The mention of concussion, not to mention three of them within five months of an 18-year-old’s life, brought solemnity to the proceedings. Even a couple years ago that might not have sounded like cause for retirement. Now it does. The crowd still pleaded with Bryan to stay, but more out of respect than anything. They follow the NFL, they know what’s in theaters; they know the score. They understood why he had to go.

Wrestlers are meant to be superheroes. This was a rare moment in which the performers’ very humanity was in the spotlight.

What made Daniel Bryan special, what connected him with fans, was this very real sense that he was living the dream

More than that, the spotlight was on the unique relationship between wrestlers and wrestling fans. I don’t know how to explain it. It’s its own thing, different than that between players and fans in any other sport. If you have the time and the inclination, a YouTube video called “Wrestling Isn’t Wrestling” sums up wrestling’s appeal as well as anything. One line captures it all: “Don’t get me wrong, a lot of wrestling sucks. But when it’s good, it’s fucking great.”

Daniel Bryan did a lot of good wrestling, most of it before he was ever on national television. He slogged away in the lower promotions, working high school gyms and bingo halls and armories. He was never destined for the world once inhabited by Hulk Hogan and Andre the Giant — he’s 5-foot-8 and 190 pounds, if that. But as more fans discovered him, the more they learned about and disseminated his journey. They learned how he was a real-life Rudy. They saw how he left a bit of himself in the ring every time he entered. There was an ineffable joy in his work, a magnetic energy that took hold. What made him special, what connected him with fans, was this very real sense that he was living the dream. Once upon a time he was just a kid who loved wrestling, just like all of the other kids out there. Then one day, boom, he’s winning the championship at WrestleMania.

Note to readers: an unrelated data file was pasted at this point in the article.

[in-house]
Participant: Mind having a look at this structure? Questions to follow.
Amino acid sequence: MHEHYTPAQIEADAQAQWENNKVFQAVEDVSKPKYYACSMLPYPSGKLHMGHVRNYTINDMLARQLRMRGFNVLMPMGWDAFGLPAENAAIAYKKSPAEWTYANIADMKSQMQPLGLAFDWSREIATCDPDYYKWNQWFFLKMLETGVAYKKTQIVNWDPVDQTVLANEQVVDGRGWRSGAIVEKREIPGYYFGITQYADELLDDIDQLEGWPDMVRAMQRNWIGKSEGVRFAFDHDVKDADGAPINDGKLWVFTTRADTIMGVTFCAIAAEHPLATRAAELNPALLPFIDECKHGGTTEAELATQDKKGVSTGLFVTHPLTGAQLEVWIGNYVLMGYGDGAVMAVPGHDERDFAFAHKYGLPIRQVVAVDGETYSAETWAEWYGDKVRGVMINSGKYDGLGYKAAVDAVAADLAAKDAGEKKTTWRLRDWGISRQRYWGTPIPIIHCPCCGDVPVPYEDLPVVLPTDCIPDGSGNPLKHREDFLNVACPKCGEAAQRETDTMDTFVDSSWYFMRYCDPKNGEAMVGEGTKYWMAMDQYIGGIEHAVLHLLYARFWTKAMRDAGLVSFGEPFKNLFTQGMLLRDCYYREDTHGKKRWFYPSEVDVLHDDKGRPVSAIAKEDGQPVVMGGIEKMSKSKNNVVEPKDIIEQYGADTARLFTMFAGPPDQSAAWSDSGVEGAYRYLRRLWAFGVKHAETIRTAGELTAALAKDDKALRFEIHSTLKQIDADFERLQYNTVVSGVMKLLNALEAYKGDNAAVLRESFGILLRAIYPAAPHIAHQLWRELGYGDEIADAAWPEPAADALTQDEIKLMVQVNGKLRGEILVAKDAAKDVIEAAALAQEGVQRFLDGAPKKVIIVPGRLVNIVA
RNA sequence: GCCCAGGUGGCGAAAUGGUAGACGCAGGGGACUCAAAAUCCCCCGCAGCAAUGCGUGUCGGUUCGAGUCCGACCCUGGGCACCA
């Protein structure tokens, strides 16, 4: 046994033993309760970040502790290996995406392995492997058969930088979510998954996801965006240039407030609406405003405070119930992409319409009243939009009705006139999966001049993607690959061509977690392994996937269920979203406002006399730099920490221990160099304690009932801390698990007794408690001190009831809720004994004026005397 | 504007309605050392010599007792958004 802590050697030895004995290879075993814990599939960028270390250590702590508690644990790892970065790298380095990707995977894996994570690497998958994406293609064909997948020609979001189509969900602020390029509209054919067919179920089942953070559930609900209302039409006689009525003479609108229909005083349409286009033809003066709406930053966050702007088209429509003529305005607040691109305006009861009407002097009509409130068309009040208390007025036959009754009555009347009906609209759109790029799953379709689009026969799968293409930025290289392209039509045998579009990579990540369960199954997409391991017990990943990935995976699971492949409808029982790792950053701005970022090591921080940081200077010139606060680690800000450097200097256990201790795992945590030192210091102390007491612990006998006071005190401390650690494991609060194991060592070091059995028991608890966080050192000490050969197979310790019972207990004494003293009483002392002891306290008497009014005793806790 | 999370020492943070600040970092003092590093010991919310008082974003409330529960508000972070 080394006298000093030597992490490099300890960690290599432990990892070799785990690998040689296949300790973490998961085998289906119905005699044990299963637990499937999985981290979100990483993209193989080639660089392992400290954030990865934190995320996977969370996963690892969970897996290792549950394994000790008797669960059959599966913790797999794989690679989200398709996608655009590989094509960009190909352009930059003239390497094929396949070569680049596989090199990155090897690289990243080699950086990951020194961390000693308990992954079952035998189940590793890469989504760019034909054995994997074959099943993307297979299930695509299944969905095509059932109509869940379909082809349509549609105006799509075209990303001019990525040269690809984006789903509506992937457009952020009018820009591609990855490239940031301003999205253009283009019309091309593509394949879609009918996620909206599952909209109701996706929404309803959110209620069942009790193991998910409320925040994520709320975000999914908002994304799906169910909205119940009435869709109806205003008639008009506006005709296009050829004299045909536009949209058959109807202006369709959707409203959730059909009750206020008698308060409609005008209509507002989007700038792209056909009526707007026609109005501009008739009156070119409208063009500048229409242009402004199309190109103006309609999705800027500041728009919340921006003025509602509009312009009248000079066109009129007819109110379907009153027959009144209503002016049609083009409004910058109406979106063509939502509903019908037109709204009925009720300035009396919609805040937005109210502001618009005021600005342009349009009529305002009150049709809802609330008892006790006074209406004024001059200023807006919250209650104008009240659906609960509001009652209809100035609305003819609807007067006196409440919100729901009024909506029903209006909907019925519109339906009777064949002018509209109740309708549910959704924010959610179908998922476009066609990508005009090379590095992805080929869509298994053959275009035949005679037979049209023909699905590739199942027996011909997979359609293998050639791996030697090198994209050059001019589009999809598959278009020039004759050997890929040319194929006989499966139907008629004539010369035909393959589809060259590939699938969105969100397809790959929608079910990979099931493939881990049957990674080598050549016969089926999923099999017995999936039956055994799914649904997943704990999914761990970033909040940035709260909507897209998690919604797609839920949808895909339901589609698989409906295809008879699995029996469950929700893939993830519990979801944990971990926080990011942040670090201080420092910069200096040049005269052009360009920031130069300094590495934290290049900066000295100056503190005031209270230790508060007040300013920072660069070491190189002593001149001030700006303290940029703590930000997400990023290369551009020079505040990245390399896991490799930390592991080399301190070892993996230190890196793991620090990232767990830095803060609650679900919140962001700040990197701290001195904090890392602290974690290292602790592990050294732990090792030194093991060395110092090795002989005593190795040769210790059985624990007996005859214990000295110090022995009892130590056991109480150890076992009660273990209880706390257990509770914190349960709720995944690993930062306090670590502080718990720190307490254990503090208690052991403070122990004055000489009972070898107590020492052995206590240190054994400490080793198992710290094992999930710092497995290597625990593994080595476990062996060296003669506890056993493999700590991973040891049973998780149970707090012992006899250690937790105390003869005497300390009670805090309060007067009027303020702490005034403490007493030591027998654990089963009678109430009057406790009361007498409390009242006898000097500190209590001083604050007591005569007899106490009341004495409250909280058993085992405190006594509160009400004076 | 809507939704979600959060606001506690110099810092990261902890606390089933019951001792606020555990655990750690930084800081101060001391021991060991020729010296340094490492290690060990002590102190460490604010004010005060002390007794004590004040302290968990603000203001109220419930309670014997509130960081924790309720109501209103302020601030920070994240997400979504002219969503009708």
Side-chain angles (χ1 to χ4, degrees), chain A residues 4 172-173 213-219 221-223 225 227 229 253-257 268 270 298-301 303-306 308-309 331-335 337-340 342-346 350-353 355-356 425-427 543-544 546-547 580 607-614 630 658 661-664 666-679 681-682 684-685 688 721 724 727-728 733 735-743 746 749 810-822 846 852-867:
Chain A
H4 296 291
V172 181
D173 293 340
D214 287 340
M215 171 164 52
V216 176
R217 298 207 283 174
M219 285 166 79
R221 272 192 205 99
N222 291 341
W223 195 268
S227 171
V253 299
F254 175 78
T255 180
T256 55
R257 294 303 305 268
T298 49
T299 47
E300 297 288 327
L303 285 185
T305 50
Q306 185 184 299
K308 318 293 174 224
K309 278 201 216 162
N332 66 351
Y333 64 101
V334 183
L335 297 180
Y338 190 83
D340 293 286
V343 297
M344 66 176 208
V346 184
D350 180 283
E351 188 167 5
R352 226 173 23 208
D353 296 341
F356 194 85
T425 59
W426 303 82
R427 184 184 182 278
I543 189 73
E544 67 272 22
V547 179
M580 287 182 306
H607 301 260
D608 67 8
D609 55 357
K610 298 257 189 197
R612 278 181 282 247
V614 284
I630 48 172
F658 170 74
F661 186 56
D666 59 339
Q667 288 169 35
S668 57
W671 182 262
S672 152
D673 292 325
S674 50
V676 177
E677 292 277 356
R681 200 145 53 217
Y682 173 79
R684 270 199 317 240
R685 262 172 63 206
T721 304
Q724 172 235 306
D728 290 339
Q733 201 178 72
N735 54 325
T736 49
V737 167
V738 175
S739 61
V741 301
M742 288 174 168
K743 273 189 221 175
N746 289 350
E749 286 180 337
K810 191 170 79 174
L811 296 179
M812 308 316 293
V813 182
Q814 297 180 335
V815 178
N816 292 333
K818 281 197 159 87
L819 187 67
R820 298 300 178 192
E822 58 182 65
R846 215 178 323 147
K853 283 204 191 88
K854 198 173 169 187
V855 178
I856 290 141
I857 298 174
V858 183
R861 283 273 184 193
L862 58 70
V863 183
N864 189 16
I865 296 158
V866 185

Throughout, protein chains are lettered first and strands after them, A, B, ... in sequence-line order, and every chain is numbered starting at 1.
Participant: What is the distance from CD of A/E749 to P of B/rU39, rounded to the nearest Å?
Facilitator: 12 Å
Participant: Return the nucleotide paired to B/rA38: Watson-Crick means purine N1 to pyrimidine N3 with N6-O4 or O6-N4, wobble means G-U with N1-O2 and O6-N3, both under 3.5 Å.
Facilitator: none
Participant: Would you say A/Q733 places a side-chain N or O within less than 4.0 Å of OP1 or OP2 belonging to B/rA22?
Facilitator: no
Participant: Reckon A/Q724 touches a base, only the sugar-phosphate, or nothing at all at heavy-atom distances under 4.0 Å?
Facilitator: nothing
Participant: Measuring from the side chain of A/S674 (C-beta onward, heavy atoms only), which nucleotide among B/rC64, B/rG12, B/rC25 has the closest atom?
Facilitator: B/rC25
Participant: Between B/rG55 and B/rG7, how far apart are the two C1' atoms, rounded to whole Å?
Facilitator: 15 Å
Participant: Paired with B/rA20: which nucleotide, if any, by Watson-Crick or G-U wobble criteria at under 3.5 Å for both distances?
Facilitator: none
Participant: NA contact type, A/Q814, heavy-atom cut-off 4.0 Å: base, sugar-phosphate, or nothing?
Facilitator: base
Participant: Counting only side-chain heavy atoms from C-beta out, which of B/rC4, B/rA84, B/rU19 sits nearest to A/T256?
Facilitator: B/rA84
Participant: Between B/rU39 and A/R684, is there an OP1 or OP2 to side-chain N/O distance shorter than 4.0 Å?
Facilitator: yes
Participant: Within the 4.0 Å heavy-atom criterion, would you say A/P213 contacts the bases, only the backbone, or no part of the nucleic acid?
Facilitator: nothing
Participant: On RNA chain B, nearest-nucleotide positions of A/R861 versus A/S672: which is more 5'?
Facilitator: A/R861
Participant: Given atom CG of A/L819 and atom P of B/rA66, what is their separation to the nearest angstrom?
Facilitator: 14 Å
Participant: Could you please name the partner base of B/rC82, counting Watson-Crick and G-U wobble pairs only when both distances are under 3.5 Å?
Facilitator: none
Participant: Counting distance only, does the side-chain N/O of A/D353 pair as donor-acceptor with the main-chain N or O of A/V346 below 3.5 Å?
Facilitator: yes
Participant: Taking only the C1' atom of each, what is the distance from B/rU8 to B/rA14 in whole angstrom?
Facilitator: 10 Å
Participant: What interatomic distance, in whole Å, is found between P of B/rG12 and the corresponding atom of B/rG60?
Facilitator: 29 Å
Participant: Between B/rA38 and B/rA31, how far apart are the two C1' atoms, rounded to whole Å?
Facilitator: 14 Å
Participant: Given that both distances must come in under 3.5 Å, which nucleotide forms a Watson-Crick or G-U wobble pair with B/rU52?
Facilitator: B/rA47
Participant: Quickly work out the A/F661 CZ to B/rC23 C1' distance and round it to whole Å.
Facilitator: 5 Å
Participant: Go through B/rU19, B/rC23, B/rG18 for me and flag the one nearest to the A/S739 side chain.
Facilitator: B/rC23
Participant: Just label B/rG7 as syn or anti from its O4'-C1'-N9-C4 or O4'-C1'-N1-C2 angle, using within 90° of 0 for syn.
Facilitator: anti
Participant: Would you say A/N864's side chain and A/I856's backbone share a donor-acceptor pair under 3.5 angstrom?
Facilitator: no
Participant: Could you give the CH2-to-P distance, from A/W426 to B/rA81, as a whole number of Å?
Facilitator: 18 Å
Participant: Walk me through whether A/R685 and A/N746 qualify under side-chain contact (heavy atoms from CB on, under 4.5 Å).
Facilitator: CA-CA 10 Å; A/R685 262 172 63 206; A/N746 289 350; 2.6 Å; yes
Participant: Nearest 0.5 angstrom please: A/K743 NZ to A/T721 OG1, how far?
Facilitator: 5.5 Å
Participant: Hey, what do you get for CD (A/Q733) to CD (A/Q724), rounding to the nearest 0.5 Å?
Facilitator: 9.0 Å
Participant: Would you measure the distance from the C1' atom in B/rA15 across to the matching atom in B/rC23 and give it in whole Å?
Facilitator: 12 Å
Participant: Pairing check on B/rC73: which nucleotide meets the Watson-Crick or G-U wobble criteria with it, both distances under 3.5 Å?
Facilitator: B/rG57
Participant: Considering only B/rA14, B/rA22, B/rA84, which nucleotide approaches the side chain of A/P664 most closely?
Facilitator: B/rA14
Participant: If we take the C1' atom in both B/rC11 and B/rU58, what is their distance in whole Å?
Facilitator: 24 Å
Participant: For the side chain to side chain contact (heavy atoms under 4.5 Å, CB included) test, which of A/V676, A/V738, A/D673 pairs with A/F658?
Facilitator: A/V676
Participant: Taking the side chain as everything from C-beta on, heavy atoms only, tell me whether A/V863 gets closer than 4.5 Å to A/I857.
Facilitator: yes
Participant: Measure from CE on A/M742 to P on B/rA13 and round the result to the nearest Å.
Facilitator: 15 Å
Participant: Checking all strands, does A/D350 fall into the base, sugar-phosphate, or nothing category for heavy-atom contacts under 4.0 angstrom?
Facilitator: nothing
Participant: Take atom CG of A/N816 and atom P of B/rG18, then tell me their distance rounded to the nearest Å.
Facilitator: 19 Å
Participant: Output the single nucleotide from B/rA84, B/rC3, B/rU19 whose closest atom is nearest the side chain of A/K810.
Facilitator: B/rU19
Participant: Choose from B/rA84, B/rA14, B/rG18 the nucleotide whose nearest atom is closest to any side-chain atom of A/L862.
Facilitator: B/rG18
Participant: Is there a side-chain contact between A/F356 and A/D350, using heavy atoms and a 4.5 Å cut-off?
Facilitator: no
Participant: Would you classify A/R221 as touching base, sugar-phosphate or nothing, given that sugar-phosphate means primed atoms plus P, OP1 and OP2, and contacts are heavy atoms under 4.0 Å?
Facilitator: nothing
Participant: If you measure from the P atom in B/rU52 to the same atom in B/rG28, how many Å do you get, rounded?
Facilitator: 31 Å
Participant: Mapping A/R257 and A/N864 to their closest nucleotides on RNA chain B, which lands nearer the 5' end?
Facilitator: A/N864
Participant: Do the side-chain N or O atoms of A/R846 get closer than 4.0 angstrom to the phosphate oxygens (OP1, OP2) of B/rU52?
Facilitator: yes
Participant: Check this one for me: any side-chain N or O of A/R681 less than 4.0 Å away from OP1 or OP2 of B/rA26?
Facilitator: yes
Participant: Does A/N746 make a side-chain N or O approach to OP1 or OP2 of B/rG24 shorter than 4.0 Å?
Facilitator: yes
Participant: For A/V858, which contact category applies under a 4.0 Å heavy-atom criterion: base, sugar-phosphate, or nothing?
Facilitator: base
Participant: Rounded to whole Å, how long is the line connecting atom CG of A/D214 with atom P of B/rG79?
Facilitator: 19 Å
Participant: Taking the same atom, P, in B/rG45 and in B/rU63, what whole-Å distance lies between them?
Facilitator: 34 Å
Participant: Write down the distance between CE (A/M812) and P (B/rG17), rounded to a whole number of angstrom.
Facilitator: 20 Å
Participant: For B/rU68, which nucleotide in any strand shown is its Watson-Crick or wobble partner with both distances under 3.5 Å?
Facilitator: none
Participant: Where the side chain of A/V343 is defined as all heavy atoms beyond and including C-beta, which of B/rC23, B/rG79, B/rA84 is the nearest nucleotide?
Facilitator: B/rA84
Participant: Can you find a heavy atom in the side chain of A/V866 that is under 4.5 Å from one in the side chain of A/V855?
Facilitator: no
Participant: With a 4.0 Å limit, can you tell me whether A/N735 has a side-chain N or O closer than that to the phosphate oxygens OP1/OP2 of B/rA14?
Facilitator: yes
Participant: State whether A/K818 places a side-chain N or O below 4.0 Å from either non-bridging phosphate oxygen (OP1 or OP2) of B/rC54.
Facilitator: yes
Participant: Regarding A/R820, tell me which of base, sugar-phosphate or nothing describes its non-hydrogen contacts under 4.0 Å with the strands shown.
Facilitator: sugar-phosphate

Bryan is so beloved because he shared so much with the fans. Indeed, his very presence at the top of the WWE pyramid only happened because of his fans. WWE brass was not itching to put a guy the size of Doug Flutie in the main event, but the fans made it so. An entire television segment, and eventually an entire championship storyline, were derailed because the fans demanded it be. They demanded Daniel Bryan be given a shot at the title. They demanded to see him on the biggest stage. They demanded to see their underdog overcome the odds, because damnit, that’s what wrestling is about. He did what every wrestler seeks to do with the crowd, and to a degree that few could ever replicate: He got over.

Bryan embraced the spotlight as much as he could when he got it, which people respected because the spotlight is the greatest wrestling currency there is. His passion and work rate never let up. What made Daniel Bryan great — and the past tense is regretfully necessary at this point — was how much of himself he gave in the name of his sport. You never watched him with a sense that you were being gypped. You never felt like he performed in a way that anyone else could. You never felt like anyone cared more than him. You never felt like anyone gave more than him.

Watching this, a man forced to walk away from the thing he loves the most, had me weeping like a baby Monday night. Precious few among us get the chance to realize our greatest aspiration, let alone actually do it. Daniel Bryan did — and he did.